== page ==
The most colorful or massive size parols attract more Filipino buyers. Parol-makers gain more profit with the most creative design of the Christmas lantern. However, the industry became a financial casualty when the COVID-19 pandemic struck.

Roger Cuevas, a parol-maker in Las Piñas City, keeps the industry alive amid the pandemic. Only a few customers go out that are brave enough to buy a parol for their homes. So, he shares to Transcontinental Times his experience as a parol-makers with lips stretched ear to ear and the white teeth showing.

He happily said, “I make parols since 1963 as a kid. However, we use Japanese paper and bamboo sticks. Now, my children make Christmas lanterns covered with plastic for three years.”

Roger Cuevas happily shares his story of making Christmas lanterns as a young boy in Las Piñas City on 11 Nov. 2020. / Photo Credit: George Buid

A creative dress the Christmas lantern with a barong.

Jodinand Aguillon, a Filipino-Canadian creative, turned the Christmas lantern more Filipino with a traditional Filipino vintage cloth. He used a piece of old barong Tagalog, a traditional Filipino clothing, wrapped around the parol. Thus, its creativeness caught the eyes of people from social media that Transcontinental Times asks his inspiration.

(Left) Pieces of vintage barong used for a Christmas lantern and (Right) round ornaments. / Photo credit: Jodinand Aguillon

He said, “ Most barongs spend most of their lives hidden in the closets. So,  this is a simple way to bring them out into our every day [as a parol].”He adds, “I leave certain vintage barongs as is if it’s still or wearable or too precious to upcycle. I try my best to salvage parts of the ones that are beyond repair. So, I turn them into earrings, pinafores, wall decor, or sometimes a Christmas lantern.“

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News Network Disregards Photojournalist’s Profession

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PHILIPPINES. Quezon City. A Philippine news network disregards photojournalism as a profession. GMA Network profit billions of Philippine Pesos in the third quarter of 2020. Nevertheless, a large corporation with big profits can’t provide proper financial compensation to the work of a photojournalist.

GMA Network holds a division called GMA News And Public Affairs (GMA NAPA) that produces news, public affairs, infotainment, and now entertainment. Before, the news network carries the name Greater Manila Area Network (in 1950), then changed to Global Media Arts. Now, they earned their profit three times to ₱2.94 billion in the third quarter of 2020.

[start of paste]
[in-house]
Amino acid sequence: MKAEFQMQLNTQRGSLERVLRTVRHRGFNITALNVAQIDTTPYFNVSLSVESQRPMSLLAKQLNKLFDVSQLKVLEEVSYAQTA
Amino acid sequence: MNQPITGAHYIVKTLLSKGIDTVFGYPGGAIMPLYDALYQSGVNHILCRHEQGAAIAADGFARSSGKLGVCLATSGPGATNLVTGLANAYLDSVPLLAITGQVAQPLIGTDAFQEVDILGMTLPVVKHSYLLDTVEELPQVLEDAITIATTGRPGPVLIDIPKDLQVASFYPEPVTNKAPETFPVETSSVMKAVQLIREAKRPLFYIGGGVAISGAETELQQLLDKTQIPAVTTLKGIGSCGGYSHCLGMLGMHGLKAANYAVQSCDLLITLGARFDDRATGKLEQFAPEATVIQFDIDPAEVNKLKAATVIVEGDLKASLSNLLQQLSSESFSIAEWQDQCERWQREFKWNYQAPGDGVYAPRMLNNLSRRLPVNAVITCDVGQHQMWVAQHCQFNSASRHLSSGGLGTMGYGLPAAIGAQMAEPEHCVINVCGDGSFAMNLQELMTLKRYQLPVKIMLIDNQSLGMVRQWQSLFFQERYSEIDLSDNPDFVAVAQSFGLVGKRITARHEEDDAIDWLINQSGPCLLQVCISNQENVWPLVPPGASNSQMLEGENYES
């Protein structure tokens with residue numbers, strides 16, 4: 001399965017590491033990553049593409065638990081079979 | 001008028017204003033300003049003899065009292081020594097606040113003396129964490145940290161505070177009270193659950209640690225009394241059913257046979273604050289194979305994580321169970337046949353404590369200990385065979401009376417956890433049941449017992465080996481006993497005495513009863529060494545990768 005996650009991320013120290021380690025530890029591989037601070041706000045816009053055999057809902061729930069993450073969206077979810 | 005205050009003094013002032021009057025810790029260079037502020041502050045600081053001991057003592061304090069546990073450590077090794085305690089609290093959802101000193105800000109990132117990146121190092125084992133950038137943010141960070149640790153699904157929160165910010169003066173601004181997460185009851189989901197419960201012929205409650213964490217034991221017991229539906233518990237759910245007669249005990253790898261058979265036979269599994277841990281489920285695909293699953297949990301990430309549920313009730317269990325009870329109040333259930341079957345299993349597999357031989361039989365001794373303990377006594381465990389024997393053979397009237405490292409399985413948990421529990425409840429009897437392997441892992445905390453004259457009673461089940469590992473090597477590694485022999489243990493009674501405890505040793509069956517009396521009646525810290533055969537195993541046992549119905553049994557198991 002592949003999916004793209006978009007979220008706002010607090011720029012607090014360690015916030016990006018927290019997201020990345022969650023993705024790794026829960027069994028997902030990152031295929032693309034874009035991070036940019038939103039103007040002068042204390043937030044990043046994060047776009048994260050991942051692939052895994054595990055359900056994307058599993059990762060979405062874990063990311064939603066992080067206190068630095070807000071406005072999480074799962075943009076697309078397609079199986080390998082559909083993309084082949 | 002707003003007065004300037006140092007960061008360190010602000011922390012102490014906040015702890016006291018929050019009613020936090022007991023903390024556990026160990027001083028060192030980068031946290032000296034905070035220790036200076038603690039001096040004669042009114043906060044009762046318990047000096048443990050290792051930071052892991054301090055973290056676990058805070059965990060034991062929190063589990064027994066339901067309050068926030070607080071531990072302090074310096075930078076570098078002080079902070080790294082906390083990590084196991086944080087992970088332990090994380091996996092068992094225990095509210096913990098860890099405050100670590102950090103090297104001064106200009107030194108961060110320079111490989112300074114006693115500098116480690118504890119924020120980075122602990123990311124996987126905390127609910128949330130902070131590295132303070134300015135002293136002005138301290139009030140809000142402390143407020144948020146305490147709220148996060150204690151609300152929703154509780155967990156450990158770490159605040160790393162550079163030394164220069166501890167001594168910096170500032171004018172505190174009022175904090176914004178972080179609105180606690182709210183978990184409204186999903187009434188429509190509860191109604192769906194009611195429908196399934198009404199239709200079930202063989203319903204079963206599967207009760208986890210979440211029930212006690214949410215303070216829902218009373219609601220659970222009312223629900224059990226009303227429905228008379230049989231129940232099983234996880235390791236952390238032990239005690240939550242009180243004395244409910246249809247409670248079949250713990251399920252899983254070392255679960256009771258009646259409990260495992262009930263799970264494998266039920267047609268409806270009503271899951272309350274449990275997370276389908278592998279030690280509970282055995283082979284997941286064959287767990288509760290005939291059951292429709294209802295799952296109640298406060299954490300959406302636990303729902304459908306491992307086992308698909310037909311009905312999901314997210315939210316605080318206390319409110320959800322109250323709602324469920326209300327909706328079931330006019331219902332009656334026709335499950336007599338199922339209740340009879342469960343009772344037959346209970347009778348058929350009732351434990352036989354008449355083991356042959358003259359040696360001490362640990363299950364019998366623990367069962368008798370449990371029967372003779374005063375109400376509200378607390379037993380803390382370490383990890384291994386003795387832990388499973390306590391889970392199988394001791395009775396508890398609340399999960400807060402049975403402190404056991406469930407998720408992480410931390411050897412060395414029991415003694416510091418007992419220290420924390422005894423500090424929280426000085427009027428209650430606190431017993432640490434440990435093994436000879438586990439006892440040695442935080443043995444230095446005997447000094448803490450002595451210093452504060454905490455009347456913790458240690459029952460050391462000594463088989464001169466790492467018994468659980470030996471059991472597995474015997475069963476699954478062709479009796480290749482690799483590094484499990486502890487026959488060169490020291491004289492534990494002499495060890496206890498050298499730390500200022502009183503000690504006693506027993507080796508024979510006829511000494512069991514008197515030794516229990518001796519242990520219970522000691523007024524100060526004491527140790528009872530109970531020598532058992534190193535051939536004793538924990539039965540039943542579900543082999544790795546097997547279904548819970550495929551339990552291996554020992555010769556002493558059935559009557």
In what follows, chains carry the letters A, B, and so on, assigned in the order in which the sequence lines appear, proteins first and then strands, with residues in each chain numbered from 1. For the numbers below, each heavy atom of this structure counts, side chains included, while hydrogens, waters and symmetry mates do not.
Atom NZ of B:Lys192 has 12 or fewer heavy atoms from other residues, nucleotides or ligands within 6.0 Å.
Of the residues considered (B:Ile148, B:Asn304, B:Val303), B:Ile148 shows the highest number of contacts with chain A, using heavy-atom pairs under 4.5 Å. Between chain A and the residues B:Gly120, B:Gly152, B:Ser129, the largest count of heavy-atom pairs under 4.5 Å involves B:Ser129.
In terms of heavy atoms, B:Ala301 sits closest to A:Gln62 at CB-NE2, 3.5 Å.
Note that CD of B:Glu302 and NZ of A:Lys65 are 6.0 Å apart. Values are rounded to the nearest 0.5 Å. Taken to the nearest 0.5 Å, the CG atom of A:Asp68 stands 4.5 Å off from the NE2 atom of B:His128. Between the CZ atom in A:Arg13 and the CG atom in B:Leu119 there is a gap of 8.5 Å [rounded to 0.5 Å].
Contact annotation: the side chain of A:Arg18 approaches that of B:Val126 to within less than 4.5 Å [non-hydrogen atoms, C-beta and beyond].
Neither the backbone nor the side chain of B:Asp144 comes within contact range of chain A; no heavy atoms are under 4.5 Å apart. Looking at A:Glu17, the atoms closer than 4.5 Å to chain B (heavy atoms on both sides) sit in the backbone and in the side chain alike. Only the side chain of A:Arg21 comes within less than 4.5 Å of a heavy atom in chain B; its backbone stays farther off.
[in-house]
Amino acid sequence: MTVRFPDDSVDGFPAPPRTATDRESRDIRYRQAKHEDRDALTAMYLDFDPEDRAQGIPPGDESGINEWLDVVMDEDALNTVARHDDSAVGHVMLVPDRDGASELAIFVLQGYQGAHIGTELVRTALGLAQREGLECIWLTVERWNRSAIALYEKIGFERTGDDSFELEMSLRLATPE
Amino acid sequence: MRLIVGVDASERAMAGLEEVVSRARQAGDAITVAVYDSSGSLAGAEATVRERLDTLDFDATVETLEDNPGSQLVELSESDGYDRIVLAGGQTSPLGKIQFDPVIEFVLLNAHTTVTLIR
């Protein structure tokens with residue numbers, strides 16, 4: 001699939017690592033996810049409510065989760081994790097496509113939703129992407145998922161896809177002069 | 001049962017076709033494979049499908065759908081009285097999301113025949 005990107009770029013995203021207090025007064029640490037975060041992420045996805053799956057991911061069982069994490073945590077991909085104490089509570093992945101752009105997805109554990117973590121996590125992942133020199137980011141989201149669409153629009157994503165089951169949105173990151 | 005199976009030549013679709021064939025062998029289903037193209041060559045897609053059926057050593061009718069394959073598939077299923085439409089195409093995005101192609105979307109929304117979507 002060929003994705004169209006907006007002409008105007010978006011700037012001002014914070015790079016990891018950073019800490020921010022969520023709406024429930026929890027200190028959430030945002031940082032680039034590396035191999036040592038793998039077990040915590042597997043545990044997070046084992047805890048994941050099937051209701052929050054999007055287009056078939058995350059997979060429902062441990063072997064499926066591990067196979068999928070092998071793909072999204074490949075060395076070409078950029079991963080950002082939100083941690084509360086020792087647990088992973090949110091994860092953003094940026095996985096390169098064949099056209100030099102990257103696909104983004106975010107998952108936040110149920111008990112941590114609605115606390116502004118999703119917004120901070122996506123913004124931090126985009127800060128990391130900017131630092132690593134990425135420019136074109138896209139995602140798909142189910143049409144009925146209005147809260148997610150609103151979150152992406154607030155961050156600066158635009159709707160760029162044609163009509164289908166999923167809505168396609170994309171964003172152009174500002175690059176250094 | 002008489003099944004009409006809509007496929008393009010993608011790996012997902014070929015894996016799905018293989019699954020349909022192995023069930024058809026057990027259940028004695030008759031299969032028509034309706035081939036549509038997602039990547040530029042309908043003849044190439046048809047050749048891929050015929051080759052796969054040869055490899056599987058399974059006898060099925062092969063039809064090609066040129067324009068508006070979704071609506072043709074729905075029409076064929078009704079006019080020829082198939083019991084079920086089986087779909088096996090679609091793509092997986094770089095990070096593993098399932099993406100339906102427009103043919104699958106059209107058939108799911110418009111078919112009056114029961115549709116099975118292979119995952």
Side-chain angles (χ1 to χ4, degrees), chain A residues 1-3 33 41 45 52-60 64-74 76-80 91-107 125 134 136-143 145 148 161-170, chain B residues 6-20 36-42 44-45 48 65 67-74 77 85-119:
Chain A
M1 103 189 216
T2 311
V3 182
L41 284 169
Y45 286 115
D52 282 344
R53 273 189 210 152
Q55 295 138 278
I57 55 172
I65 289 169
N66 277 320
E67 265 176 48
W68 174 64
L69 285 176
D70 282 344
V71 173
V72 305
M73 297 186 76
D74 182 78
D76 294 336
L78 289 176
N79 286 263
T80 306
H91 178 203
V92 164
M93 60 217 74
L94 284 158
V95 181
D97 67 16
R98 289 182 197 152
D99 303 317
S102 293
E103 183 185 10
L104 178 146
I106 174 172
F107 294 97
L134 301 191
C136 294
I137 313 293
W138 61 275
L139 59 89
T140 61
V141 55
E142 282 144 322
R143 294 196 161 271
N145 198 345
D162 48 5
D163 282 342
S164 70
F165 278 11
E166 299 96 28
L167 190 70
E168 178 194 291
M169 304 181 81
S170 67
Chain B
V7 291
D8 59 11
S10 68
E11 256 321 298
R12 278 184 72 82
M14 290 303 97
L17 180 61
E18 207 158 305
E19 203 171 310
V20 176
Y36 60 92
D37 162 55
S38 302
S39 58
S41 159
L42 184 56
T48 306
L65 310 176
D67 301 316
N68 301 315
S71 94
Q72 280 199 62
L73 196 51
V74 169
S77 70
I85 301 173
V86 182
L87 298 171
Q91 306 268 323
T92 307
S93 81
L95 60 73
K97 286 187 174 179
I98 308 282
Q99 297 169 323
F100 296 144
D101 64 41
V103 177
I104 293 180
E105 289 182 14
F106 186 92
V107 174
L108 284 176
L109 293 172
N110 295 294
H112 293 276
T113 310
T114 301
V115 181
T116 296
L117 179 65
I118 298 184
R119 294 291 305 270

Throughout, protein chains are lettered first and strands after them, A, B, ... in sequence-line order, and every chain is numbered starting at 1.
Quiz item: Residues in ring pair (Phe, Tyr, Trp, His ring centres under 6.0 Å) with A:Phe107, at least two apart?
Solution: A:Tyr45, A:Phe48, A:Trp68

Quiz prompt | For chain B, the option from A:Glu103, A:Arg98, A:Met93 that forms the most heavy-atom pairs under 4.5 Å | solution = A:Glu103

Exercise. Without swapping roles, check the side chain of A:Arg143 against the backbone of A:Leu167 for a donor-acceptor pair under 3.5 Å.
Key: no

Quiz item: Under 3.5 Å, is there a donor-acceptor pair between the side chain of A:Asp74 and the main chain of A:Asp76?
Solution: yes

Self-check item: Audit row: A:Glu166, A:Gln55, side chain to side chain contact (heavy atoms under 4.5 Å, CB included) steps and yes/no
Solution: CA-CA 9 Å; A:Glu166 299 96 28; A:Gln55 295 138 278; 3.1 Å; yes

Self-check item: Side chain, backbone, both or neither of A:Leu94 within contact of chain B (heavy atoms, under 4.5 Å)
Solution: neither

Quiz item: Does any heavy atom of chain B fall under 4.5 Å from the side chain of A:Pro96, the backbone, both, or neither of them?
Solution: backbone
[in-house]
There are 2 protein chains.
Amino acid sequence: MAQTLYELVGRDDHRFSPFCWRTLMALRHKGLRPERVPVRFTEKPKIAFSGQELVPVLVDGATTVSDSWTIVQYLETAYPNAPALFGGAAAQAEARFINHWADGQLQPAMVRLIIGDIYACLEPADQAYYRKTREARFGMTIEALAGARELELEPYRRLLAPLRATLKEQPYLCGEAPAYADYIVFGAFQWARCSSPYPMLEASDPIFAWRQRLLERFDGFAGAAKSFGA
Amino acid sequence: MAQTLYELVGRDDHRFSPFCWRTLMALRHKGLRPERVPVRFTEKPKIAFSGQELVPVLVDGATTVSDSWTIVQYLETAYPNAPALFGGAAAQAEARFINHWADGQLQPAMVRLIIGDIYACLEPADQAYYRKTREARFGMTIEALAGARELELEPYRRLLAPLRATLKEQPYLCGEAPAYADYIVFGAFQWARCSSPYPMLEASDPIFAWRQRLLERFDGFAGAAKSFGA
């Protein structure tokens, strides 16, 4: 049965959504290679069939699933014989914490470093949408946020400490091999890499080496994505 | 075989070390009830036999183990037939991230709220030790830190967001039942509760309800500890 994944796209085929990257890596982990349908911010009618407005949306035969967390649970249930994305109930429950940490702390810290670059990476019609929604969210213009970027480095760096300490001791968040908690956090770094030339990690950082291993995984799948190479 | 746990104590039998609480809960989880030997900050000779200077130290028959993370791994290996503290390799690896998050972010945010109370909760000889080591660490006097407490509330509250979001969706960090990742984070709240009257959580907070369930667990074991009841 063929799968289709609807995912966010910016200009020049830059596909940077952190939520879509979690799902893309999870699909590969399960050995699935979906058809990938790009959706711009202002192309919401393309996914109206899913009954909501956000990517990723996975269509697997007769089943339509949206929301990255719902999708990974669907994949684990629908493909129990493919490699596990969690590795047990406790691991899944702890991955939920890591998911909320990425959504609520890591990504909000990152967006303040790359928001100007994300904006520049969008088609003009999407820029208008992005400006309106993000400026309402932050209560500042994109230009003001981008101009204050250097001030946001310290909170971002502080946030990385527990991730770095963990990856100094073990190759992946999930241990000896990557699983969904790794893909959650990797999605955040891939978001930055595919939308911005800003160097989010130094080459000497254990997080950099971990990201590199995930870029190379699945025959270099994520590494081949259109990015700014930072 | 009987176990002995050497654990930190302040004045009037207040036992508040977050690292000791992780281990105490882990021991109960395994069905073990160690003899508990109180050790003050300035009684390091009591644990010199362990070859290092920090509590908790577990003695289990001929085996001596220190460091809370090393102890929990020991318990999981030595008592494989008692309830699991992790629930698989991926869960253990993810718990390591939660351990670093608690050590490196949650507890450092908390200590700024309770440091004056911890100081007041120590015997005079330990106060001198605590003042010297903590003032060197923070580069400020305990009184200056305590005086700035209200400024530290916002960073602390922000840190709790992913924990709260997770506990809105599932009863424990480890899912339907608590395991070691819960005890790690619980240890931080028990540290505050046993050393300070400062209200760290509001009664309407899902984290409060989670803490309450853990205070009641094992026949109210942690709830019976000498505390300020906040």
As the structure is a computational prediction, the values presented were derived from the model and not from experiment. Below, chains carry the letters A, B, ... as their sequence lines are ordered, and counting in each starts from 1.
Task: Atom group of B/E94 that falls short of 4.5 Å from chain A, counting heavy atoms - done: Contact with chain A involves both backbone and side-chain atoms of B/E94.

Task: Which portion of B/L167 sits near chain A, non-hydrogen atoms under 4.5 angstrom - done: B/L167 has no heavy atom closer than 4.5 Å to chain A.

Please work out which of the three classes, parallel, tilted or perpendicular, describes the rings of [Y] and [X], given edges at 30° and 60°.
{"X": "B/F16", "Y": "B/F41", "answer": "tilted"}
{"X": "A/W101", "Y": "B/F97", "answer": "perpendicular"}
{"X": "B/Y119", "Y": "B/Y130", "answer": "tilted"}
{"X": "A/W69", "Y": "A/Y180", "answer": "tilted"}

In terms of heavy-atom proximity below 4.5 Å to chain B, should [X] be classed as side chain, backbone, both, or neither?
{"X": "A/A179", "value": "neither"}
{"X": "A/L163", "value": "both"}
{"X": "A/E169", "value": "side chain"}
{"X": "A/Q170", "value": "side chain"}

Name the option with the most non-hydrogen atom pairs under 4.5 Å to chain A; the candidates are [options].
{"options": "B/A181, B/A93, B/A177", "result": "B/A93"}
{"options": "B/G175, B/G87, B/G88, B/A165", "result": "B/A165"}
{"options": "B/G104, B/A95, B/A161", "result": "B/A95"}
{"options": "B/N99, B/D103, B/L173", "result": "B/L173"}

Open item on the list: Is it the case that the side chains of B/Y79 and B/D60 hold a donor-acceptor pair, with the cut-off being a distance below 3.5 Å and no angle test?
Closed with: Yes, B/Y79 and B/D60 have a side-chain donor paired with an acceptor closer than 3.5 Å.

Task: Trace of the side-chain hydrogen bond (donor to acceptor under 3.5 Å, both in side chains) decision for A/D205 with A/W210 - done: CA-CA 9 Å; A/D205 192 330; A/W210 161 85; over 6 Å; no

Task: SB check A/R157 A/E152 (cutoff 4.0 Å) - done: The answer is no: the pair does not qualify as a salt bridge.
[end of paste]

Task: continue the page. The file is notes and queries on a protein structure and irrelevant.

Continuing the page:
GMA Network’s billboard on the sidewalk of EDS in Quezon City on 8 Dec. 2020. / Photo credit: George Buid

High-profit news corporation freeloads content(s) from professionals.

The world recognizes photojournalism as a respectable profession under journalism and art. The photojournalists are always on the front line to capture current events, public affairs, and news coverage. Yet, big news networks like GMA Network overlook this profession without giving proper compensation and ask for content.

Photojournalist Ezra Acayan exposes the malpractice of a high-profit news corporation on social media. First, he posted screenshots of GMA Network’s messages asking for typhoon Vamco images with waived fees on 13 Nov. 2020. Instead, the news network offers to credit the photographs under his name.

The incident continued for the different programs of GMA News that also involves GMA News And Public Affairs. The news network targets other photographers without proper compensation for their work that Mr. Acayan shares on his Facebook. Then, GMA Public Affairs released an official statement that they will stop the practice and leave private information unexposed.

Therefore, the National Union of Journalists of the Philippines demanded the owners of the news networks end their exploitation and degradation of the profession. The statement dictates, “We are afraid this has increasingly become an excuse to avoid payment of content creators and proper compensation of media professionals. At the same time, we call on media professionals to band together to push our right to just compensation and working arrangements.”

A Philippine news network’s front gate with two passers-by, with one giving a tap on the back, walks by it in Quezon City on 8 Dec. 2020. / Photo credit: George Buid

Philippine law protects the rights of artists like photographers.